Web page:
The Freedom of Information Act Advisory Council will study a bill that would require universities to share the terms and conditions of donations from private entities.
Del. David Bulova, D-Fairfax, introduced House Bill 2386 to create firm rules on when donors to public colleges and universities can be anonymous; what donor information isn’t subject to the FOIA law and requiring universities (not their fundraising foundations) to keep a document of any terms and conditions attached to donations, which would then make it subject to FOIA.
The bill was left in a House committee this year.
The idea came from an ongoing court case between a group of George Mason University students and the school. The students wanted to see documents that detailed the Koch Foundation’s donations to the school’s foundation. The George Mason University Foundation, which accepts and manages donations for the school, denied the request, saying it was separate from the university and not subject to FOIA.
The Virginia Supreme Court took up the case.
GMU has since changed some of its own policies, Bulova said, which he used as a model in his legislation. But every school has a different process and there are no minimum requirements from the state.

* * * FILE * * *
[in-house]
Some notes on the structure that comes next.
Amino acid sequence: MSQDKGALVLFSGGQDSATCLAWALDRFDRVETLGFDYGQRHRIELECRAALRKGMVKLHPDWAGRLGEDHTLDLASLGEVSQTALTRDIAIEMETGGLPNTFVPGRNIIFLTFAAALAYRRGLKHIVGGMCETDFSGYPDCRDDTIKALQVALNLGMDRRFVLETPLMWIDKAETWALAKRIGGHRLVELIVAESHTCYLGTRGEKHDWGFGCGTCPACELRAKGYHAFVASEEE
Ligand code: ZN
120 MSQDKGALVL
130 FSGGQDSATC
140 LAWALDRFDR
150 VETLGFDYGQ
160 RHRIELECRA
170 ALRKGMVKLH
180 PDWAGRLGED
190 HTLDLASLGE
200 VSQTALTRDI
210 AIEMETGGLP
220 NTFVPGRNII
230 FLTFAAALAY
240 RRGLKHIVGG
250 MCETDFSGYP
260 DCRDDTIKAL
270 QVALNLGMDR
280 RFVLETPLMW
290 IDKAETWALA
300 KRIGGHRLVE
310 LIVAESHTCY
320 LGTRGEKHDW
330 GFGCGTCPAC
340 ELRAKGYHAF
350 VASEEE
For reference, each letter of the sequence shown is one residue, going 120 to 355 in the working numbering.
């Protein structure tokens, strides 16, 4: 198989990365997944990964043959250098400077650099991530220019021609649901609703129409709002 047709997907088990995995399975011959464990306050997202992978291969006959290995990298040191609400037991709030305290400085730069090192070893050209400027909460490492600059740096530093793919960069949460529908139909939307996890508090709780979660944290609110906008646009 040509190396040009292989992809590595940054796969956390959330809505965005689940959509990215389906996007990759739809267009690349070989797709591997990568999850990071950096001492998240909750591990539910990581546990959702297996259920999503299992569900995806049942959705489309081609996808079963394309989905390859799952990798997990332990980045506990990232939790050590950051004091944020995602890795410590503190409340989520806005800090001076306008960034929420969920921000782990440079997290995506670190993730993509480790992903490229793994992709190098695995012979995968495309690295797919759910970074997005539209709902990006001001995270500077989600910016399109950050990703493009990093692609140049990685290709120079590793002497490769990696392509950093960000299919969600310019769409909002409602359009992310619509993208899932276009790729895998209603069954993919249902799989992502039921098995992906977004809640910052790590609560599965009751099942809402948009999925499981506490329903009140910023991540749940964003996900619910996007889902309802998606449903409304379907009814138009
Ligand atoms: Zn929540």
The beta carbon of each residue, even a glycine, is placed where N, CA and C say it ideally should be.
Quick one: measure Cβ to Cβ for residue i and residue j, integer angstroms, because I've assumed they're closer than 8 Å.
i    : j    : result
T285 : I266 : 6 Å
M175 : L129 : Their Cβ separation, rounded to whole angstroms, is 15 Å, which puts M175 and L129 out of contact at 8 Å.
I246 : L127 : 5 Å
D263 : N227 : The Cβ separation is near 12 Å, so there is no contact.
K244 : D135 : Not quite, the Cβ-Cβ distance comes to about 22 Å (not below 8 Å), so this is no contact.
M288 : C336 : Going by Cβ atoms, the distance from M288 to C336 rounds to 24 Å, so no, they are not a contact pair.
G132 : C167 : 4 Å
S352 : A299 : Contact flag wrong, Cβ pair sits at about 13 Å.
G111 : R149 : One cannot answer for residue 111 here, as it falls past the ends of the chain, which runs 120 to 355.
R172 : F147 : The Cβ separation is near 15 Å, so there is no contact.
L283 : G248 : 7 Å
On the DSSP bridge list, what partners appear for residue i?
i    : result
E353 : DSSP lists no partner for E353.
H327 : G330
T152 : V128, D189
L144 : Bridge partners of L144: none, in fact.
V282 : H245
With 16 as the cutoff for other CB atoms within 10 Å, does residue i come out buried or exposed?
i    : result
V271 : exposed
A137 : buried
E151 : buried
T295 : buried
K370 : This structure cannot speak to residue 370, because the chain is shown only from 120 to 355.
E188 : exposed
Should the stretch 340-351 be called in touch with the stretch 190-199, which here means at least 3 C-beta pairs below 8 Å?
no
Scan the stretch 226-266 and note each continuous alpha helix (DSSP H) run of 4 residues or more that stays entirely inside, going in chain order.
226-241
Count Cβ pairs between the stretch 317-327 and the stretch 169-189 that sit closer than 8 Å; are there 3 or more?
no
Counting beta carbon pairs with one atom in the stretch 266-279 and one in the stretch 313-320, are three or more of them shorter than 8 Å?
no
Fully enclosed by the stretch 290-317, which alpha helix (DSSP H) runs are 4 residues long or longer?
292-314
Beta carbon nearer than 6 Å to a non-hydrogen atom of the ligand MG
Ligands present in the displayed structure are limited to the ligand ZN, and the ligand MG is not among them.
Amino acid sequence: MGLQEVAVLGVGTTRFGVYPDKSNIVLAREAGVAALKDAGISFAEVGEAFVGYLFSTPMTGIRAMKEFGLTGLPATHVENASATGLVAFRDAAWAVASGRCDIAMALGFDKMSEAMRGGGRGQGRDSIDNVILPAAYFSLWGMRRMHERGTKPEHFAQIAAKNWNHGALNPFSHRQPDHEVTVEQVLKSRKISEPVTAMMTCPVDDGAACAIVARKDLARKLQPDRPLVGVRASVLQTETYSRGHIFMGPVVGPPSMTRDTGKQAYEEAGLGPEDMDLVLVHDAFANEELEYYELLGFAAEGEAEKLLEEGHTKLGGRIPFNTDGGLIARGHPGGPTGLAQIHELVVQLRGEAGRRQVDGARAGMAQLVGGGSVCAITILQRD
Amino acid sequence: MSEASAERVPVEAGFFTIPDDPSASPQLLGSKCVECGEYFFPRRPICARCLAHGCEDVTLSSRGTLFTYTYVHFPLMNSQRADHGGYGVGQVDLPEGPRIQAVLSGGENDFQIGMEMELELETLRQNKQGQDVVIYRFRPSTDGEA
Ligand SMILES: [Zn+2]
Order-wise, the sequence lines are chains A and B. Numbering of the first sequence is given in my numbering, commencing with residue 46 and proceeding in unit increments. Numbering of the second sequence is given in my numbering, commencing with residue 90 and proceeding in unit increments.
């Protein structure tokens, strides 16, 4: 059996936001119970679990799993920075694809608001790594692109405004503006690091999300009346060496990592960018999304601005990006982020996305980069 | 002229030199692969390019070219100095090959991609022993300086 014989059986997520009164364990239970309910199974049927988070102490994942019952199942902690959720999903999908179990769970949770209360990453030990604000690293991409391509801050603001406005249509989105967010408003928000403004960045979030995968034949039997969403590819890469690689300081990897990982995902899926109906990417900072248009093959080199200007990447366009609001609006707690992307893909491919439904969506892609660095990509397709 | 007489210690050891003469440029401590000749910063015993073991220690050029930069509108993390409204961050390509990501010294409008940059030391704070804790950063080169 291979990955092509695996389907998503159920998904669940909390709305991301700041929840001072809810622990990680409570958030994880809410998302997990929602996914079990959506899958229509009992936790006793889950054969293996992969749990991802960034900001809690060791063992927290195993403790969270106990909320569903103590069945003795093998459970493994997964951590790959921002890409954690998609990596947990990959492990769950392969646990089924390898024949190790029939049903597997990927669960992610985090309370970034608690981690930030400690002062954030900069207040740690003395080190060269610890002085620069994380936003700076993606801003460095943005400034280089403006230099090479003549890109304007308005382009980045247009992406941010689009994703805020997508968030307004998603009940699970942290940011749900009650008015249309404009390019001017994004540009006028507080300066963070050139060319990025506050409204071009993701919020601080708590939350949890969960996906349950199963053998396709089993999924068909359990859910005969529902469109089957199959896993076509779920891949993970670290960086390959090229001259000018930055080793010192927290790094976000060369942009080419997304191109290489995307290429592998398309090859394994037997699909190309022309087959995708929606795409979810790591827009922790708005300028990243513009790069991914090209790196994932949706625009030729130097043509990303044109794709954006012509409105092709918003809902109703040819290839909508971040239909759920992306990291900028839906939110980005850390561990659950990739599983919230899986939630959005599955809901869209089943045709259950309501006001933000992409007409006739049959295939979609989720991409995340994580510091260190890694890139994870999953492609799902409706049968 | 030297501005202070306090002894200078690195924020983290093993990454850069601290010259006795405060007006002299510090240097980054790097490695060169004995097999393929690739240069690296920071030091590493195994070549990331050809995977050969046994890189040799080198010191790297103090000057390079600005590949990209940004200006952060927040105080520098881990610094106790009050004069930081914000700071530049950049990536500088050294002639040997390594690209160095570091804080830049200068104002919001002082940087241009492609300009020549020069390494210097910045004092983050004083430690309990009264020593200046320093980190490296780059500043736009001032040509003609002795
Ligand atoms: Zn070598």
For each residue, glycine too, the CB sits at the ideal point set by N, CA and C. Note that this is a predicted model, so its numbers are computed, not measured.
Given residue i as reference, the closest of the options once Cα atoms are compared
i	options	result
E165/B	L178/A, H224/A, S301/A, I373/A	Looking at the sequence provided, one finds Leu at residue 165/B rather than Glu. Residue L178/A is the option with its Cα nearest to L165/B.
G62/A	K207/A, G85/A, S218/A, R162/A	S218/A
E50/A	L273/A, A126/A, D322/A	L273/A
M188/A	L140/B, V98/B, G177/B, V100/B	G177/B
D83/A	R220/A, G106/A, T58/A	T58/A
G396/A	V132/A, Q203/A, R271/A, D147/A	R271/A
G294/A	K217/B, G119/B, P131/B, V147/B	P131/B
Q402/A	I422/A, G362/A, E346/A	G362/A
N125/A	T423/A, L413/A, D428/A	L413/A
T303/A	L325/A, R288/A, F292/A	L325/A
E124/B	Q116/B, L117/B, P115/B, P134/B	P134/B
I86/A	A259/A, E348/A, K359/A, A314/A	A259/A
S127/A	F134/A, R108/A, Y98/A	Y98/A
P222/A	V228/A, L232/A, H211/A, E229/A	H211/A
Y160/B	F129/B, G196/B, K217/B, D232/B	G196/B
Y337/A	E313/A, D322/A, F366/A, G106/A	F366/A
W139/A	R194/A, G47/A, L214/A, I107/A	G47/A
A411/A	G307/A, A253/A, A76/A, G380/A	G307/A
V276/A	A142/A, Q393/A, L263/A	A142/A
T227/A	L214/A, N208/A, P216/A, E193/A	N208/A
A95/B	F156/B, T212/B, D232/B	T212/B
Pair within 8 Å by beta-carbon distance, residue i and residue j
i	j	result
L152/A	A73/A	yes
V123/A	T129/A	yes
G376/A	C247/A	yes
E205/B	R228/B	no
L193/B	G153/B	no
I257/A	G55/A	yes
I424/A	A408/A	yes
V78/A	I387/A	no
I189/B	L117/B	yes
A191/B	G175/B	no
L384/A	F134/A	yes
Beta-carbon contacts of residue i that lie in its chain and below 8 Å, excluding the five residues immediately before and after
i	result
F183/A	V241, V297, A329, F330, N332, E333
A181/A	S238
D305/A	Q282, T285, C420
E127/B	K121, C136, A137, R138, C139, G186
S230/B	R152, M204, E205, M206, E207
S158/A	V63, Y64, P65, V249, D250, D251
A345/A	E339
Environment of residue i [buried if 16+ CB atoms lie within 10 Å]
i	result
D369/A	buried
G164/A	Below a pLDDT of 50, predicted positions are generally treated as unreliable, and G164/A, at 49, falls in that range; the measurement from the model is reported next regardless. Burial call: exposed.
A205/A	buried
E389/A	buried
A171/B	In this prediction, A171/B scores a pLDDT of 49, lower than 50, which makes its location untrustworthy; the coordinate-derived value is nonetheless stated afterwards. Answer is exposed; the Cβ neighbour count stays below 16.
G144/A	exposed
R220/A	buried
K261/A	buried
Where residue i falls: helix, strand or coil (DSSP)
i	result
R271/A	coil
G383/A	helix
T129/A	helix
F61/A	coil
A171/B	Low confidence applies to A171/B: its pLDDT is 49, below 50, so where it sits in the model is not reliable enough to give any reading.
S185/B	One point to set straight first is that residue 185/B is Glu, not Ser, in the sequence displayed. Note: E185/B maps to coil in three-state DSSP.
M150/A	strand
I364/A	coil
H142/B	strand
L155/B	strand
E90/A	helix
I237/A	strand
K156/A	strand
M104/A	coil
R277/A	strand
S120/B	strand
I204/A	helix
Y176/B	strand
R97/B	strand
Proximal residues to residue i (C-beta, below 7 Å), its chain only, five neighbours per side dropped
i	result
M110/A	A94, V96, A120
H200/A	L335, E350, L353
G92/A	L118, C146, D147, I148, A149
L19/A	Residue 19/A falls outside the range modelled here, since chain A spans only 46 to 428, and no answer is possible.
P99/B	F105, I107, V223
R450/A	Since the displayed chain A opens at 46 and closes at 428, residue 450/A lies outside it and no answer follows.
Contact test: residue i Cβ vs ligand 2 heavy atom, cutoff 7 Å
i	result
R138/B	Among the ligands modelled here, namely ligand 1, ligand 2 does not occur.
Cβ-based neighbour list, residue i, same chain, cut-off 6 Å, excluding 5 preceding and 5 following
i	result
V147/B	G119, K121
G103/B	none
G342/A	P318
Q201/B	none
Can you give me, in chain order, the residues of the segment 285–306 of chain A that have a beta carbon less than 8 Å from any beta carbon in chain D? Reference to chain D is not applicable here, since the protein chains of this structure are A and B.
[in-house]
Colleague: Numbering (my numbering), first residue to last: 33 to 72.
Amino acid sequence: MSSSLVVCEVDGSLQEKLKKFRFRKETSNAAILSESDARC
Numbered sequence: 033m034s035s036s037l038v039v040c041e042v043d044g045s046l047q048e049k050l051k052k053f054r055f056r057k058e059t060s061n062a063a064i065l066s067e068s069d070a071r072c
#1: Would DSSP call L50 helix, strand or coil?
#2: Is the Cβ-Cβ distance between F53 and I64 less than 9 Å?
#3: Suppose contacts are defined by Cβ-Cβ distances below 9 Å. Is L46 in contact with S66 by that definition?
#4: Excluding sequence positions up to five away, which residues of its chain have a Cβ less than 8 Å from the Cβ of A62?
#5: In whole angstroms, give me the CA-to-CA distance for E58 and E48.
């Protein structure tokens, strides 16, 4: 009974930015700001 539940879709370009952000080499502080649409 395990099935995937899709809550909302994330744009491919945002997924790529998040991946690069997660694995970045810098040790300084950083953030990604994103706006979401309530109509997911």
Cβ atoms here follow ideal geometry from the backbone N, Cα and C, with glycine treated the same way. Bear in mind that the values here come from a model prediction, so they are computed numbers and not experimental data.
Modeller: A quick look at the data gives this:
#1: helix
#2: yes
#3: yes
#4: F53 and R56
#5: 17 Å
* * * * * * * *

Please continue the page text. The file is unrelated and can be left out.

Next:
“Once I threw that bill in, I was approached by a number of Virginia’s universities, not surprisingly, who all talked about or provided me information about their gift agreement policies,” Bulova said. “At least in principle, they agreed with what I was trying to accomplish, their concern was they wanted to make sure the language was right so as not to scare off potential donors.”
The advisory council will consider the best language for the bill. Bulova encouraged members not to wait until the court makes a decision, which could render some of the bill unnecessary.
Members didn’t have much to say on the bill during their quarterly meeting on Wednesday. Del. Glenn Davis, R-Virginia Beach, wanted clarification on whether individual donors to foundations would be disclosed under Bulova’s legislation. They wouldn’t.
Elizabeth Hooper, director of state government affairs at Virginia Tech, told the FOIA Advisory Council donations “will never not have terms,” but that doesn’t mean it’s sinister. Donors may give under conditions like specifying which department or program the money should go toward.
“I do have concerns that you shouldn’t be able to stay anonymous if the terms and conditions associated with that donor affects the academic decision-making process,” Bulova said. “People have the right to know who is making those decisions.”